Exchange gave new perspectives in research on Serbian minority groups

How are Serbian minority groups in Croatia integrated? This is a question which Aleksandra Paravina from University of Helsinki asks in her PhD-project. Her interest in this issue comes from experiences she made as a young adult during the Youguslav wars in the early 1990s. From March 2020 she has been a visiting PhD student at the REMESO Institute. It has been an odd residency, since she arrived when the University adapted to the Corona pandemic. But in spite of this, her stay at Linköping University has given new perspectives and contacts for her project.

Aleksandra Paravina from the University of Helsinki landed on March 1 in Norrköping to start a residency as a visiting PhD-student at REMESO, institute of migration, ethnicity and society. Aleksandra Paravina, University of Helsinki, was a visiting PhD student at REMESO institute. Aleksandra Paravina, University of Helsinki, was a visiting PhD student at REMESO institute.

Her research investigates integration strategies of Serbian minorities in Croatia. The project also has a comparative approach, looking at Russian minorities in Estonia. Aleksandra Paravina inverstigates ethnic relations, integration and conflict that do not derive directly from migrations, but rather from political transitions. The fall of the Soviet Union, its impact on the Baltic countries and the break up of former Yugoslavia resulted in maps that were redrawn. As a consequence, ethnic relations in these places changed drastically. 

What is the source of your interest in these issues?

My research interest for this came from my experiences of the Yugoslav wars in the early 1990s. I then moved to Great Britain to study English language and literature and, eventually, Art, Design, and Media. In 2008 I went to work in Tallinn, Estonia and learned about Estonian culture and the history of the Soviet occupation. Back then there was a large Russian population in Tallinn. I had Russian colleagues and sometimes people in the city spoke Russian to me. Although I did not speak Russian, I was able to understand given the shared basic vocabulary with Serbian.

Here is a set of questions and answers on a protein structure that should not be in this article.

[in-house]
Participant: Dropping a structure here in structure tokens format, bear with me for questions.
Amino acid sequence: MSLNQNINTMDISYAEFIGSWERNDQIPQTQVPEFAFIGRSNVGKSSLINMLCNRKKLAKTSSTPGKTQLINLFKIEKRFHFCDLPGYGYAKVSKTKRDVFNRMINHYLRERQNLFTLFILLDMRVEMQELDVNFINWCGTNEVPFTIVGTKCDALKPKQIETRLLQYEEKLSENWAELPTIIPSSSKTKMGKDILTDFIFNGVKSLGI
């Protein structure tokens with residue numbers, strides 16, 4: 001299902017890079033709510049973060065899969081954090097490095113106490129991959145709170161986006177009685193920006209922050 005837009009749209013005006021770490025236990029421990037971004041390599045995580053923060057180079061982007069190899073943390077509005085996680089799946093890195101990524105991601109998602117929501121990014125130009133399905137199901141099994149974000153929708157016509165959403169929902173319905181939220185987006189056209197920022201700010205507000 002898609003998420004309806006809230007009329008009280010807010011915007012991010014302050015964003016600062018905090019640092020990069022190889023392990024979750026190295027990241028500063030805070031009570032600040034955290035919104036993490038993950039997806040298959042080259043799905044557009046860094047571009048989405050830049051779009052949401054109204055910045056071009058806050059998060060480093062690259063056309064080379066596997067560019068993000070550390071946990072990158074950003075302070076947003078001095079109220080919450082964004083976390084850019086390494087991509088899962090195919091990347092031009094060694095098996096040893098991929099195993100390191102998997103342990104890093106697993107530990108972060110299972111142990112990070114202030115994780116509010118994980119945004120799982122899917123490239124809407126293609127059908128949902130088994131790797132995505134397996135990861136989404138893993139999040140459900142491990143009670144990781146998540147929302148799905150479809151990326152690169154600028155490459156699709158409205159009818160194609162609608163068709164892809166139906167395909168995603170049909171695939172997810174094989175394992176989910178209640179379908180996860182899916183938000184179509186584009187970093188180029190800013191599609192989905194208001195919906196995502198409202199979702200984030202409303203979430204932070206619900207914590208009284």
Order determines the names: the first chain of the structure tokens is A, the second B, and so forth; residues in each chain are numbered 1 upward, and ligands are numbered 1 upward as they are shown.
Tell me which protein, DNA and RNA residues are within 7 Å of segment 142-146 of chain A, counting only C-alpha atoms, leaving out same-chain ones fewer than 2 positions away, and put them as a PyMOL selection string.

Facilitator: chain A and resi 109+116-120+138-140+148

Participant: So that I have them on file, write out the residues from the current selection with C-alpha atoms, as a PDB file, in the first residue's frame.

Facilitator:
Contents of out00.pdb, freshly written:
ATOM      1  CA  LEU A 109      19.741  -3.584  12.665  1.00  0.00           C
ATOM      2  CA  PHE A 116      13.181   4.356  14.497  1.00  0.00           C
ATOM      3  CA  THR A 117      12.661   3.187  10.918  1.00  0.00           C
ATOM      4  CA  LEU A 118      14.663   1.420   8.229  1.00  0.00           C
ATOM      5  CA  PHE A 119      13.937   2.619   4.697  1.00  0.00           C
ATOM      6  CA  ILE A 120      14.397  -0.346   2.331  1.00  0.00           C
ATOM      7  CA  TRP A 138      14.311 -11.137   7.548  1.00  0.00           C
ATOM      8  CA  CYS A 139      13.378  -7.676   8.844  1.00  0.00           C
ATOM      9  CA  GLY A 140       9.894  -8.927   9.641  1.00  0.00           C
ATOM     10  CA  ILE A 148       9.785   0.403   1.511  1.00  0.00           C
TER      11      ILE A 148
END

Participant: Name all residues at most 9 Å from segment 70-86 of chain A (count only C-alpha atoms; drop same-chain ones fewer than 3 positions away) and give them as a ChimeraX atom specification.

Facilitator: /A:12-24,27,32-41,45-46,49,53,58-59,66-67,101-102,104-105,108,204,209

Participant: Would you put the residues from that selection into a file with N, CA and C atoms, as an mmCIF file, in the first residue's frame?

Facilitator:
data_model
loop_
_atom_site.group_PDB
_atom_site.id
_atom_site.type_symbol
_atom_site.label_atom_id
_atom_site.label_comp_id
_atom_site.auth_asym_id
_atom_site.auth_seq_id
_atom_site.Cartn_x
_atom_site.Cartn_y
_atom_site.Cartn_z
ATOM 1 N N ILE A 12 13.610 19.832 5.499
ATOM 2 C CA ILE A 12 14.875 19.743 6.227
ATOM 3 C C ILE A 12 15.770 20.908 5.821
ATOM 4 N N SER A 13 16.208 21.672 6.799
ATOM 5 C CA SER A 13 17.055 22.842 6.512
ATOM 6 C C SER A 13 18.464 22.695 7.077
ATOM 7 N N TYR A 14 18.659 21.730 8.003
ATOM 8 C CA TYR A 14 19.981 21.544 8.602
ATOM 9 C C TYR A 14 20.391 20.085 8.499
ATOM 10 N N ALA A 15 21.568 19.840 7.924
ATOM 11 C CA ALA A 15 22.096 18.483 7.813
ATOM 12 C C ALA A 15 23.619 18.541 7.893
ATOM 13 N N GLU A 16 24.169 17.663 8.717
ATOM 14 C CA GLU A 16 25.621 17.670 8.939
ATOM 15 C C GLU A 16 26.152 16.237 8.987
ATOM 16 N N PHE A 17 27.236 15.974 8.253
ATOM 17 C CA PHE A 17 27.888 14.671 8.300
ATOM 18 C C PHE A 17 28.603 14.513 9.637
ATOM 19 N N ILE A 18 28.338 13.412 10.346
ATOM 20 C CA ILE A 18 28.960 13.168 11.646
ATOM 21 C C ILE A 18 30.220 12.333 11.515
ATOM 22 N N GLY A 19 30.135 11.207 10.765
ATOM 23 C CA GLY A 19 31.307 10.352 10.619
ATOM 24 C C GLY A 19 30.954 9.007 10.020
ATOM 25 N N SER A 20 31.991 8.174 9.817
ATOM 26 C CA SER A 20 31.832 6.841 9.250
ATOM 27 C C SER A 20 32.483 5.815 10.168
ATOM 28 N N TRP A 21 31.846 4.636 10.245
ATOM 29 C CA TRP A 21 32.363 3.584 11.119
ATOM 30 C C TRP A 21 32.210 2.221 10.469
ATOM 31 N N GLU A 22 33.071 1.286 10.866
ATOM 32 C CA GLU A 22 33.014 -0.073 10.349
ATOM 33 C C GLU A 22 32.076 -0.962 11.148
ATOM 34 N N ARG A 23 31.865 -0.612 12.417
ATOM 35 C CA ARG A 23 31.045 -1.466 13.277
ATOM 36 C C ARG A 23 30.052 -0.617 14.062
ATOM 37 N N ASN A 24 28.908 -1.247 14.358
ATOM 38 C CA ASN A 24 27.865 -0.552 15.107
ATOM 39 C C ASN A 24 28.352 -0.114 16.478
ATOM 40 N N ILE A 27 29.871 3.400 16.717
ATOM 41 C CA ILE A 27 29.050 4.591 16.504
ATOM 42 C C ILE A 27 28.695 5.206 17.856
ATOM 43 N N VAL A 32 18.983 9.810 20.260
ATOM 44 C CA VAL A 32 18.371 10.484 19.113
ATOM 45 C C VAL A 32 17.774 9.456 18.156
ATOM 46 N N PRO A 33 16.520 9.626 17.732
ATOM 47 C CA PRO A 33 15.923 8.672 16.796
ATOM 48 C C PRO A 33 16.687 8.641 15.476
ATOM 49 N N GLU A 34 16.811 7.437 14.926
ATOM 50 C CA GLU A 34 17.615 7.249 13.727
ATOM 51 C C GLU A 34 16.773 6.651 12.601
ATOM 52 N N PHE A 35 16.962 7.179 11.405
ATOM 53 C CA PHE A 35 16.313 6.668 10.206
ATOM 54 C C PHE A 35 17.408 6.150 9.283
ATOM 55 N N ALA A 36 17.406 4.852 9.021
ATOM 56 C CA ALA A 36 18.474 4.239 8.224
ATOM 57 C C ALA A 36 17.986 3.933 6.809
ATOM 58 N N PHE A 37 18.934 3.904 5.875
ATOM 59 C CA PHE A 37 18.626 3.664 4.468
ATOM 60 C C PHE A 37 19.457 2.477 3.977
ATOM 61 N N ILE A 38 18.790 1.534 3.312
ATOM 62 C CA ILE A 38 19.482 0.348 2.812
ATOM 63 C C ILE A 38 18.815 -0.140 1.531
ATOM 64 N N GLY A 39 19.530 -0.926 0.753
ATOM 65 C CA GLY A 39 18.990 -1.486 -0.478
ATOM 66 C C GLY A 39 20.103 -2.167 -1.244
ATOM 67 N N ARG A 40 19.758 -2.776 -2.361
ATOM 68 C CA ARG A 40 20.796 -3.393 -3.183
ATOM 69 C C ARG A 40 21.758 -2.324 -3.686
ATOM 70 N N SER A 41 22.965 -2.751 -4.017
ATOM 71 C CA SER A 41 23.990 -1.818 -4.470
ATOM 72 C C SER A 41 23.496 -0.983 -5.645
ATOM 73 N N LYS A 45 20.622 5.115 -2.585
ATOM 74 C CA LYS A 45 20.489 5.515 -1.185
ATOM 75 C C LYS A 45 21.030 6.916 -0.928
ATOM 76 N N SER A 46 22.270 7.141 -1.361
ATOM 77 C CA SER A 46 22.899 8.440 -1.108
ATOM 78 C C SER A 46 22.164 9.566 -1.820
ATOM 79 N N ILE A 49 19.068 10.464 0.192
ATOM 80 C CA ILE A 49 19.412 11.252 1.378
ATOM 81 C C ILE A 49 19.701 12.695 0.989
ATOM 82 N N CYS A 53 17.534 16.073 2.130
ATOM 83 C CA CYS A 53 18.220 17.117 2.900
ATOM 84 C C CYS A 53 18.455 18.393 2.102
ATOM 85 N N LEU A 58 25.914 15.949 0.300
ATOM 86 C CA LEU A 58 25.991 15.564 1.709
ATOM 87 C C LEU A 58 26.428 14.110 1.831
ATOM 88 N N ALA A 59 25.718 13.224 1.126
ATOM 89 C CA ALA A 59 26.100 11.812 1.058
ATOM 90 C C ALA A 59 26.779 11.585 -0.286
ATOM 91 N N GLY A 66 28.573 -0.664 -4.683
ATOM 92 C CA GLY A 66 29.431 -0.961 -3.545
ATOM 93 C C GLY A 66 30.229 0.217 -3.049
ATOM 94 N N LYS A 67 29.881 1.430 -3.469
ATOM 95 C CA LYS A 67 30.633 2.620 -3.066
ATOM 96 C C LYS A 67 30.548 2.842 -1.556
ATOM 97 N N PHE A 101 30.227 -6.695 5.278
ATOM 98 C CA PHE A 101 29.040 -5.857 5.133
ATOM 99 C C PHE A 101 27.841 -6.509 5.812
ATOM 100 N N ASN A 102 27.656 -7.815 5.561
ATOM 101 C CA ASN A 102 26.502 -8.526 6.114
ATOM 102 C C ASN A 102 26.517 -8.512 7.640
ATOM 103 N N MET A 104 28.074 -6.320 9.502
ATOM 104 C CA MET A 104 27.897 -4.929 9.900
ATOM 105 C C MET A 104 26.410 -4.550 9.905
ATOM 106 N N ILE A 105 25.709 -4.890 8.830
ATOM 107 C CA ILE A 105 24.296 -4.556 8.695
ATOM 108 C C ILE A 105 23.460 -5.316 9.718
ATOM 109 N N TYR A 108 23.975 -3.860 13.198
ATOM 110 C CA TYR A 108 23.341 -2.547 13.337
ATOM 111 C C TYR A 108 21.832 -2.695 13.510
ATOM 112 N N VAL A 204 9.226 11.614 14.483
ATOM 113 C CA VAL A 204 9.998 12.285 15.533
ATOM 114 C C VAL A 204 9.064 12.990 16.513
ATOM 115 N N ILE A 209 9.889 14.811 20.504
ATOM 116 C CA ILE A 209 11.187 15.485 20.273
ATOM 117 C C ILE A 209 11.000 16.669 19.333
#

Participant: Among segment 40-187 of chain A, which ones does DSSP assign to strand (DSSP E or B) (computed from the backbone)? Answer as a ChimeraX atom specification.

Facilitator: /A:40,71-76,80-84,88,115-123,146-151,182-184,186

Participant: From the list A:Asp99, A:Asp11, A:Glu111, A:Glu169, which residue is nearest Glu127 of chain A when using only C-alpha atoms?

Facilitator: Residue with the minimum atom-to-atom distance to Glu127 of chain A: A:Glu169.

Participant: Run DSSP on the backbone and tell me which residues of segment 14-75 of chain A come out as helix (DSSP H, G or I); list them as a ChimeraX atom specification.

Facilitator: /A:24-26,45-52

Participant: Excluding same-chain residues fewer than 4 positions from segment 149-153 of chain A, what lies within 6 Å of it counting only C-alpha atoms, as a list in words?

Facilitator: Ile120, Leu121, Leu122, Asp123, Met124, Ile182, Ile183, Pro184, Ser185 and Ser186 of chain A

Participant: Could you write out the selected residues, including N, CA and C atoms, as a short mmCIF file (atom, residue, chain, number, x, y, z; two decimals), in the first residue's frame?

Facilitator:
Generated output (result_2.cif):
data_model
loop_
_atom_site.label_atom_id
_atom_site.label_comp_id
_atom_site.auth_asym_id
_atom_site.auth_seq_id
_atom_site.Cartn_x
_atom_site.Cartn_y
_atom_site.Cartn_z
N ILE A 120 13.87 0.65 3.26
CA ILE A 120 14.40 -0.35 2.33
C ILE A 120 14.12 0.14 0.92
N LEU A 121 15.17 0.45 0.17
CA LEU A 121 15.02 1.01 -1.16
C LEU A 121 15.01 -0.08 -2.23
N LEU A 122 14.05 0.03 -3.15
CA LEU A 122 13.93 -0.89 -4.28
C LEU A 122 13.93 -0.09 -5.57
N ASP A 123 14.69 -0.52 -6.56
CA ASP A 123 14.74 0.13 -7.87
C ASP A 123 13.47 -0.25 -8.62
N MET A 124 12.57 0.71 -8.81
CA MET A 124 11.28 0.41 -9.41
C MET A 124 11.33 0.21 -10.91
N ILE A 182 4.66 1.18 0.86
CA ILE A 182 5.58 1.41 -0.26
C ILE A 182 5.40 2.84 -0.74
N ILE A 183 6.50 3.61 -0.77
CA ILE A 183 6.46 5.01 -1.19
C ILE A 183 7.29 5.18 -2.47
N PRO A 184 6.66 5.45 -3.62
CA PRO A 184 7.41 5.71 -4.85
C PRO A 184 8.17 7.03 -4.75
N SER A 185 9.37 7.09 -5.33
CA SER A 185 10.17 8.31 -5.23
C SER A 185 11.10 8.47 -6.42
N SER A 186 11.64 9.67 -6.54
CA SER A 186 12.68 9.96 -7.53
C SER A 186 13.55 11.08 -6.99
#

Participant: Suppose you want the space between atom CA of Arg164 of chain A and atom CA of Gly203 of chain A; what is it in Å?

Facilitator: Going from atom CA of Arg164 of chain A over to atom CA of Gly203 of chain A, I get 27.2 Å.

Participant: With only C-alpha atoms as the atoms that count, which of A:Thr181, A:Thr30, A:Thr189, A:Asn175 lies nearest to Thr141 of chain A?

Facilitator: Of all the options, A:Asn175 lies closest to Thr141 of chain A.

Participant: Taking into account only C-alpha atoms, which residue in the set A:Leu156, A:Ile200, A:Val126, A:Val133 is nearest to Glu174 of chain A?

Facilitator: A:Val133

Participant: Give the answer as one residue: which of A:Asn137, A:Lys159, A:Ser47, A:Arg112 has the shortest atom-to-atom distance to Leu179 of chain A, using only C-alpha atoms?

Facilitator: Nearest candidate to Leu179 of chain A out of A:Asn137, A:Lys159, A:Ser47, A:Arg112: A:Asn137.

When I later on moved to Finland to start doctoral studies, my mentor, Professor Ilkka Arminen, had started a project called “Do You Know Your Neighbour?” (Tunnetko naapurisi?). This project explored the sharply divided social worlds in Finland, one part studied the relationship between Estonians and Russians in Estonia. Although I was not directly involved in this project, I had a lot of interesting discussions with Russian-speaking researchers from Estonia about the transition and their families experiences. This sparked my interest in a comparative study. 

The last few years in Finland have been quite challenging in terms of work and funding. The divided opinions of immigration issues and Brexit have brought back some of the anxieties I experienced in Britain during the wars in former Yugoslavia. This amplified my interest in questions of identity and belonging. I started to visit places in Serbia and Croatia where my family had roots. I experienced some hostility from locals as I speak Serbian ekavian (a dialect of Serbo-Croatian) and occasionally mix words and accentuation with ljekavian (Herzegovina-Krajina) dialect.